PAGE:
The Dream of World Empires
Martin Luther King, Jr. wrote, “Communism is based on a materialistic and humanistic view of life and history. Under it, God is merely a figment of the imagination, religion is a product of fear and ignorance, and the church is an invention of the rulers to control the masses. Moreover, Communism, like humanism, thrives on the grand illusion that man, unaided by any divine power, can save himself and usher in a new society.”2
(2) “How Should a Christian View Communism?”)
The prophet Daniel assures us that there were to be only four dominant empires (Daniel’s vision mainly concerned Israel) from his own day until the time when Messiah would establish an everlasting kingdom which would displace all others. He interpreted Nebuchadnezzar’s dream thus: “Thou, O king, art king of kings, unto whom the God of heaven hath given the kingdom … thou art the head of gold. And after thee shall arise another kingdom inferior to thee; and another third kingdom of copper, which shall bear rule over all the earth. And the fourth kingdom shall be strong as iron … as iron that crusheth all these, shall it break in pieces and crush … it shall be a divided kingdom … the toes of the feet were part of iron, and part of clay, so the kingdom shall be partly strong, and partly brittle … they shall mingle themselves with the seed of men; but they shall not cleave one to another … And in the days of those kings shall the God of heaven set up a kingdom which shall never be destroyed, nor shall the sovereignty thereof be left to another people; but it shall break in pieces and consume all these kingdoms, and it shall stand for ever (Daniel 2:37-44).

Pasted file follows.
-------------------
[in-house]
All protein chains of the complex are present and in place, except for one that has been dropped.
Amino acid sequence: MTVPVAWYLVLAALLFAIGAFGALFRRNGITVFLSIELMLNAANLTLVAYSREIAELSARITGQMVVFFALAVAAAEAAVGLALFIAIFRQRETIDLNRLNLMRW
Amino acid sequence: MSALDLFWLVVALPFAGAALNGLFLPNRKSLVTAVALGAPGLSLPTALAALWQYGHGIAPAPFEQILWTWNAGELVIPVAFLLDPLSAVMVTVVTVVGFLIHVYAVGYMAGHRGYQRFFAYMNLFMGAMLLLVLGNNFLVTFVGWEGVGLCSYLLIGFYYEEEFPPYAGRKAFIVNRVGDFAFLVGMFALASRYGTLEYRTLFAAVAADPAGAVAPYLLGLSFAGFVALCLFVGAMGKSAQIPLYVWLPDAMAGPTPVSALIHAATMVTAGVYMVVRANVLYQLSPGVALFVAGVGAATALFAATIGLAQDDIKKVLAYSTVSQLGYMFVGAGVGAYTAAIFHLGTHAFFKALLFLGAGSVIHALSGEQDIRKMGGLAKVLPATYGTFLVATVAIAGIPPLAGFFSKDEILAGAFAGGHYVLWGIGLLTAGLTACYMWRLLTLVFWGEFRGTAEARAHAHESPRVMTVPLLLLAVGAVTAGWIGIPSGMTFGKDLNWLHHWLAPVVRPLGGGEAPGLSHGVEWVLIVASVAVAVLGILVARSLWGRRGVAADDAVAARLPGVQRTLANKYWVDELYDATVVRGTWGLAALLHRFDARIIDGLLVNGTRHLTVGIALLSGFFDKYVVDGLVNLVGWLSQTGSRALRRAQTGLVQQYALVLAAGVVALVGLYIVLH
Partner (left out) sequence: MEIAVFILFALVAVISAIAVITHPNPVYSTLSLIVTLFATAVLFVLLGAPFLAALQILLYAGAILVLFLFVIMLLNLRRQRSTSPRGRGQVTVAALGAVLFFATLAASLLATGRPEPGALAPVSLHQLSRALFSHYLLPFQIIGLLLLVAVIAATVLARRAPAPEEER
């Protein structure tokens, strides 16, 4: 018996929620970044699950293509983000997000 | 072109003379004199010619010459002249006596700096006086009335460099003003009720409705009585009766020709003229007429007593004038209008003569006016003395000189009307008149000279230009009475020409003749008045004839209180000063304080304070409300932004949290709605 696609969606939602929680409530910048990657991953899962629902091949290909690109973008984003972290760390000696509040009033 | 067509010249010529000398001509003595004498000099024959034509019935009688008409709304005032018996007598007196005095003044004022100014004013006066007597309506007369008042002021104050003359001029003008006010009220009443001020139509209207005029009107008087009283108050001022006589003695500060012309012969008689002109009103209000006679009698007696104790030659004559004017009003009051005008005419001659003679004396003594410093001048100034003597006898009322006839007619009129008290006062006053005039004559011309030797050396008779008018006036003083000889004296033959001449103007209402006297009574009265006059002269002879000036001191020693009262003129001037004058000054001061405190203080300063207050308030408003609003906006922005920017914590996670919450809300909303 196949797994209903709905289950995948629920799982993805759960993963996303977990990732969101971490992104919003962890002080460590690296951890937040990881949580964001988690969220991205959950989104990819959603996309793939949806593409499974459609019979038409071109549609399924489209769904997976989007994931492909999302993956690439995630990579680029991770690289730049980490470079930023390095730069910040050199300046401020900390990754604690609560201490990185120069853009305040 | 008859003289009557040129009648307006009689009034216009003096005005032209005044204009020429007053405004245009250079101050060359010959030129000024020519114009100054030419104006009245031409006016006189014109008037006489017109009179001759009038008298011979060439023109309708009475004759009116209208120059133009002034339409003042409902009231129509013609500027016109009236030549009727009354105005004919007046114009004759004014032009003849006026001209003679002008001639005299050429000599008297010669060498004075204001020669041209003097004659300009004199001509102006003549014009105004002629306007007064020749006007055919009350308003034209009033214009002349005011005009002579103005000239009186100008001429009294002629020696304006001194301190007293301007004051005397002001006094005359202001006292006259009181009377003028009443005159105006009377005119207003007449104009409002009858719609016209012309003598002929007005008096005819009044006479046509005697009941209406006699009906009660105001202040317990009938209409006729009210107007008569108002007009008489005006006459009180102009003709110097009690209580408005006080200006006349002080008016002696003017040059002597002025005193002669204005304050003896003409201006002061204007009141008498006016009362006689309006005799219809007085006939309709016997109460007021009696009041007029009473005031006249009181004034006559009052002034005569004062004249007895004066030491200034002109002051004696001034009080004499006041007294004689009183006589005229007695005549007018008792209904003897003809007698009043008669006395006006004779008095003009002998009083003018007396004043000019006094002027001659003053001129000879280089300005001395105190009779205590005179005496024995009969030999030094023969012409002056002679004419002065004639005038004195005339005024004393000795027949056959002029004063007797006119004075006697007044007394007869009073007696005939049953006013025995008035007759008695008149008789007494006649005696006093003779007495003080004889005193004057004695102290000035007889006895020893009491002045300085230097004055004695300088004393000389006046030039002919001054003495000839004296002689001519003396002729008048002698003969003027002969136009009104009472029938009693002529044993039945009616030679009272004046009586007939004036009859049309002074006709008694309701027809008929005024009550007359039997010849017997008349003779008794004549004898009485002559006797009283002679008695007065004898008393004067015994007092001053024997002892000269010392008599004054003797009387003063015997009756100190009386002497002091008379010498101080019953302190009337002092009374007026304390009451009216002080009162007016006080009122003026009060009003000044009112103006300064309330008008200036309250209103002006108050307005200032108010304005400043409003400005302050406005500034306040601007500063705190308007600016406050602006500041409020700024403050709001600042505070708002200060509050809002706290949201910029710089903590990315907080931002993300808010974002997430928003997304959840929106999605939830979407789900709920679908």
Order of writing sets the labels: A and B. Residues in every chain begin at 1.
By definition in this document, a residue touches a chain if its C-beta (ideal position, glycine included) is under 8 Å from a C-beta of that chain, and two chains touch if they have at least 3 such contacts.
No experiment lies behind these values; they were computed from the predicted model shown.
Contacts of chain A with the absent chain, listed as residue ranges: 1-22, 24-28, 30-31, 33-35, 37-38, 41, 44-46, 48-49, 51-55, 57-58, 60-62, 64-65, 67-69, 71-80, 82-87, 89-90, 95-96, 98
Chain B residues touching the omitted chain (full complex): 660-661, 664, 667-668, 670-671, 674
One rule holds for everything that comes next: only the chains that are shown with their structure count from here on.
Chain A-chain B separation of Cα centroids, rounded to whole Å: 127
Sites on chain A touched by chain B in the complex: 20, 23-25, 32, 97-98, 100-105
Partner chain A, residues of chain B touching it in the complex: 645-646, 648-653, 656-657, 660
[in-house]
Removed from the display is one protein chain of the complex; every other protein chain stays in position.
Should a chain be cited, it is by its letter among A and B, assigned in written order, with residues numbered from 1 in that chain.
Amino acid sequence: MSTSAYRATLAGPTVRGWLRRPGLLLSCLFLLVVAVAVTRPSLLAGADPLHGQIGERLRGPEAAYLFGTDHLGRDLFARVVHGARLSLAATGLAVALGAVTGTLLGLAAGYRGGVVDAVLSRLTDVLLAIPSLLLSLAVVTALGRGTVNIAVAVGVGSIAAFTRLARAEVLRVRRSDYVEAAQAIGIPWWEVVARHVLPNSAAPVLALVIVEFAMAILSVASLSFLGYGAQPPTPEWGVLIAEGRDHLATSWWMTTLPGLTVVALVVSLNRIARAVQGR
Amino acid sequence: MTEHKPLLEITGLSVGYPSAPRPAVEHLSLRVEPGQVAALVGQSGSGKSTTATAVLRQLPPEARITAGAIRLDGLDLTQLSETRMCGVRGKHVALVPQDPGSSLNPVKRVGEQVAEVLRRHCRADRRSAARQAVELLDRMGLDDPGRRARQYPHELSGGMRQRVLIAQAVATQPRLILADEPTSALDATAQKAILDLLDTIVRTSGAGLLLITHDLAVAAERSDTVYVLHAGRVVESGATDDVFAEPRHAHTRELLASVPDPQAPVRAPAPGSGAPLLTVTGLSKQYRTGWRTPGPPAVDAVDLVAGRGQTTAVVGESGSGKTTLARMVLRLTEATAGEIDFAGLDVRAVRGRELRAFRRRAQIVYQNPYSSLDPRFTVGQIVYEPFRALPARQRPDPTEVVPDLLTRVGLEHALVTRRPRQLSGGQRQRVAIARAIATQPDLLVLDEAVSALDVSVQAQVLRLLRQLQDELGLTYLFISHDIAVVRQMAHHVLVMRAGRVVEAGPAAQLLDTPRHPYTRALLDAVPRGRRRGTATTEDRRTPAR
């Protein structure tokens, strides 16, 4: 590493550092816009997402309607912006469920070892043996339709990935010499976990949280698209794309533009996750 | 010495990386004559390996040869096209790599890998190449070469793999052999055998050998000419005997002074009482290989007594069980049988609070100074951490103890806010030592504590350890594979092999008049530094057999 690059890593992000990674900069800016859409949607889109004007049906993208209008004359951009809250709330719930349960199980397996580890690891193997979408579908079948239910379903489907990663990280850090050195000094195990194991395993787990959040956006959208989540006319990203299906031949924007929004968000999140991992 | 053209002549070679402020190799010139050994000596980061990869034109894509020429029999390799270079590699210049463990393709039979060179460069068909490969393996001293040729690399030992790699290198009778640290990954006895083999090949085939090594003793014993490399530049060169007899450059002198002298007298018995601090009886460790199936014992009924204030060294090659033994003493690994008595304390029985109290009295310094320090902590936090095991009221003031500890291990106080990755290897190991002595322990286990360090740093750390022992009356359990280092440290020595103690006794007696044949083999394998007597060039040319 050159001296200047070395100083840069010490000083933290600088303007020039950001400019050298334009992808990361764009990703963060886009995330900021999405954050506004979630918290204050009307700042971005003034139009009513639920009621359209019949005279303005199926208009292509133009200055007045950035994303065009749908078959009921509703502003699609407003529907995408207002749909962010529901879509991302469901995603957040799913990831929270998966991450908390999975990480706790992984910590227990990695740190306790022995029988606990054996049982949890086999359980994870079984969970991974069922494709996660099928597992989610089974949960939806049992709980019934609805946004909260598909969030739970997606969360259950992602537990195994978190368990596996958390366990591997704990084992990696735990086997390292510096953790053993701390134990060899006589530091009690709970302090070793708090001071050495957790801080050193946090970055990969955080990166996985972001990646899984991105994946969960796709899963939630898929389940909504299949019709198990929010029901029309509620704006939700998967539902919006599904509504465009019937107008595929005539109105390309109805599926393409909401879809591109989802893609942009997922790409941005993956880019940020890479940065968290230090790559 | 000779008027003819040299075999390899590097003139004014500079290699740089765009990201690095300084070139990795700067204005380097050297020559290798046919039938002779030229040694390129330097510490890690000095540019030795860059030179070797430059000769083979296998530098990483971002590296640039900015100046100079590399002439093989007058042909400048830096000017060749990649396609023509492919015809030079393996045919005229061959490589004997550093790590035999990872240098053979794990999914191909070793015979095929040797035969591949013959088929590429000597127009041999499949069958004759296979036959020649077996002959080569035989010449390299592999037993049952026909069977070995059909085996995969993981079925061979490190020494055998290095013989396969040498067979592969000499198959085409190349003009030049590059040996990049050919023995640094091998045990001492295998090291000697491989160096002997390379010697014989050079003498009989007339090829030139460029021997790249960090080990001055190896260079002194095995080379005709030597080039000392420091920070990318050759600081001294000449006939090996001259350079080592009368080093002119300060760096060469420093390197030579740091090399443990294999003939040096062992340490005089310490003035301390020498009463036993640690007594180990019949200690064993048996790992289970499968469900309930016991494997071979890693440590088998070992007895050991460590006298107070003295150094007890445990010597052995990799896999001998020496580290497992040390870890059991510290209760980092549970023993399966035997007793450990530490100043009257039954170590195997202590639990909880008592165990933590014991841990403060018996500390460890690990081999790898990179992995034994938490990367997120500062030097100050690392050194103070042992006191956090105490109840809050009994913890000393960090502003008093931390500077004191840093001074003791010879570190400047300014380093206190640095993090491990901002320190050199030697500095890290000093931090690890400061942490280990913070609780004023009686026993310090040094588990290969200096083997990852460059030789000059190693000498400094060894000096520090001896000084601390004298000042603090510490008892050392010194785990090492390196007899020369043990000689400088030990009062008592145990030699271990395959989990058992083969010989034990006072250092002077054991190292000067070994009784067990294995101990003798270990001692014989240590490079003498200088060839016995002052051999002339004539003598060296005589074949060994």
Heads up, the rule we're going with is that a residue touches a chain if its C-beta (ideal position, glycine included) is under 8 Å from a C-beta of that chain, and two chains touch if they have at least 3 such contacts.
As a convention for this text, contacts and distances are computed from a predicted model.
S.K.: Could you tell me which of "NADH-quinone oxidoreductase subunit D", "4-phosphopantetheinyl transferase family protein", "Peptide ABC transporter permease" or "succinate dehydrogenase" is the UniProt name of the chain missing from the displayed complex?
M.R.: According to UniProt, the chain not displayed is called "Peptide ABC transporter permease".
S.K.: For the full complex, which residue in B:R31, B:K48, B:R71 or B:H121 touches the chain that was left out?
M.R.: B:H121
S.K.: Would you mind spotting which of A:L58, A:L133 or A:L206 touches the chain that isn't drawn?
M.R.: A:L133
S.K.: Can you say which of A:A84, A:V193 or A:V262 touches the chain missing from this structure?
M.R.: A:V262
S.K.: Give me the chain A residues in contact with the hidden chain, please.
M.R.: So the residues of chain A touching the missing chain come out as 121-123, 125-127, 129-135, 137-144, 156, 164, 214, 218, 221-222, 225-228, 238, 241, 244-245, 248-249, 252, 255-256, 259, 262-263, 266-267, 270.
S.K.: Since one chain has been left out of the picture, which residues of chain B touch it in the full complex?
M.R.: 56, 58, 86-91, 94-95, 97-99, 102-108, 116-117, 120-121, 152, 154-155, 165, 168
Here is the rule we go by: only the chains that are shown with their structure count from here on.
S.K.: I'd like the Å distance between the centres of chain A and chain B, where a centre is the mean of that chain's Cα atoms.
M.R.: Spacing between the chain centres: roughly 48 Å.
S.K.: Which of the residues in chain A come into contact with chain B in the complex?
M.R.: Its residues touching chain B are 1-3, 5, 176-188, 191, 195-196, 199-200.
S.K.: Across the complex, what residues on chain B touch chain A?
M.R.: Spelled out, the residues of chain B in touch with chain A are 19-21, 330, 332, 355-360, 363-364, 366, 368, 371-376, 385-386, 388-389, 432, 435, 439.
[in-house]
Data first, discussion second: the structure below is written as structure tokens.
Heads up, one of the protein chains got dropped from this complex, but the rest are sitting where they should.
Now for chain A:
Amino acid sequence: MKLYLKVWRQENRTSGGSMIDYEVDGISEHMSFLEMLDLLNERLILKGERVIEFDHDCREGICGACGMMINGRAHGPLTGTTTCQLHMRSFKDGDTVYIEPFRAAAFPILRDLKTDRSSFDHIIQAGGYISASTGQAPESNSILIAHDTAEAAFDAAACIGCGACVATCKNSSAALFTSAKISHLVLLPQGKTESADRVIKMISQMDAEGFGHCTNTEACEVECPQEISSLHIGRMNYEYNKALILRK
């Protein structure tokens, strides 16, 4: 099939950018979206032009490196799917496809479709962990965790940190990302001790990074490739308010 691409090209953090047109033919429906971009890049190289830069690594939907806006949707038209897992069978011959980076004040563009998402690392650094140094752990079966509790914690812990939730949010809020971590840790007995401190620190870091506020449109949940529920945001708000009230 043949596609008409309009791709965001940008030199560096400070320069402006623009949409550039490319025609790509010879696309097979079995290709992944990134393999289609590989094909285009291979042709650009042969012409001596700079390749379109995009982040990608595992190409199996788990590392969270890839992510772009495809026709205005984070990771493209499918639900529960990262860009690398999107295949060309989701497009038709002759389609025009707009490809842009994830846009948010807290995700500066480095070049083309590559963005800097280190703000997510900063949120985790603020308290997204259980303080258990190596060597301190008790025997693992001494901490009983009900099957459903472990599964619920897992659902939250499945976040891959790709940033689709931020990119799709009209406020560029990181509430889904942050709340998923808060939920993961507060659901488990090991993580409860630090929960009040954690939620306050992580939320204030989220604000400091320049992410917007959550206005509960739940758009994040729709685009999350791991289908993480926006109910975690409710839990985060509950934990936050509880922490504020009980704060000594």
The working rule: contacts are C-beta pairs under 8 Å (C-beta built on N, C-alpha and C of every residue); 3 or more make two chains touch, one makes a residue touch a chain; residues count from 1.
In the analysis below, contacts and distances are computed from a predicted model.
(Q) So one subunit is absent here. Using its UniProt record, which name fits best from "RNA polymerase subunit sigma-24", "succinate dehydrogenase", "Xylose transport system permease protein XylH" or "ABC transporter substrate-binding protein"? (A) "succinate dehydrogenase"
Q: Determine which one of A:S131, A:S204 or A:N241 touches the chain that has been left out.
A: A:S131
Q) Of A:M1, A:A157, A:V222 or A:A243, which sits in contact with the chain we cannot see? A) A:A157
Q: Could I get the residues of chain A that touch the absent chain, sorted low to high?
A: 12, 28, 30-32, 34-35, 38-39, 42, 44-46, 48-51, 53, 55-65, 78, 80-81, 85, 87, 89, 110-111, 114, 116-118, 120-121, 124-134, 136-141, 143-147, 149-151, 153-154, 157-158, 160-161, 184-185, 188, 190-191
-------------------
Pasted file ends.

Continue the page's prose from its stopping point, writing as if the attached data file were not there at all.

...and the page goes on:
History records those four universal empires to be Babylon, Medo-Persia, Greece, and Rome. Stanford historian Walter Scheidel, in Escape from Rome: The Failure of the Empire and the Road to Prosperity, writes that the fall of the Roman empire was followed by Imperial monopolies where rival political, military, economic, and religious constituencies began to fight, bargain and compromise to rebuild Europe, resulting in a fragmentation of the Empire. All attempts to restore a universal empire on European soil failed. Daniel’s interpretation of the toes of the image being brittle and mingling with the seed of men was an apt description of the descendants of the Empire.
Christ’s Kingdom to be Forever
Psalms describes the kingdom of Christ as the final empire that will control all the nations of the earth. “He shall have dominion also from sea to sea, And from the River unto the ends of the earth. They … shall bow before him … all kings shall fall down before him; All nations shall serve him” (Psalm 72:8-11).
Micah also describes the kingdom. “The mountain of Jehovah’s house shall be established on the top of the mountains … and peoples shall flow unto it. And many nations shall go and say … he will teach us of his ways, and we will walk in his paths. For out of Zion shall go forth the law, and the word of Jehovah from Jerusalem … neither shall they learn war any more” (Micah. 4:1-3).
“I saw in the night-visions … there came with the clouds of heaven one like unto a son of man, and he came even to the ancient of days, and they brought him near before him. And there was given him dominion, and glory, and a kingdom, that all the peoples, nations, and languages should serve him: his dominion is an everlasting dominion, which shall not pass away, and his kingdom that which shall not be destroyed” (Daniel 7:13, 14). Let us pray, with our Savior, “Thy kingdom come!”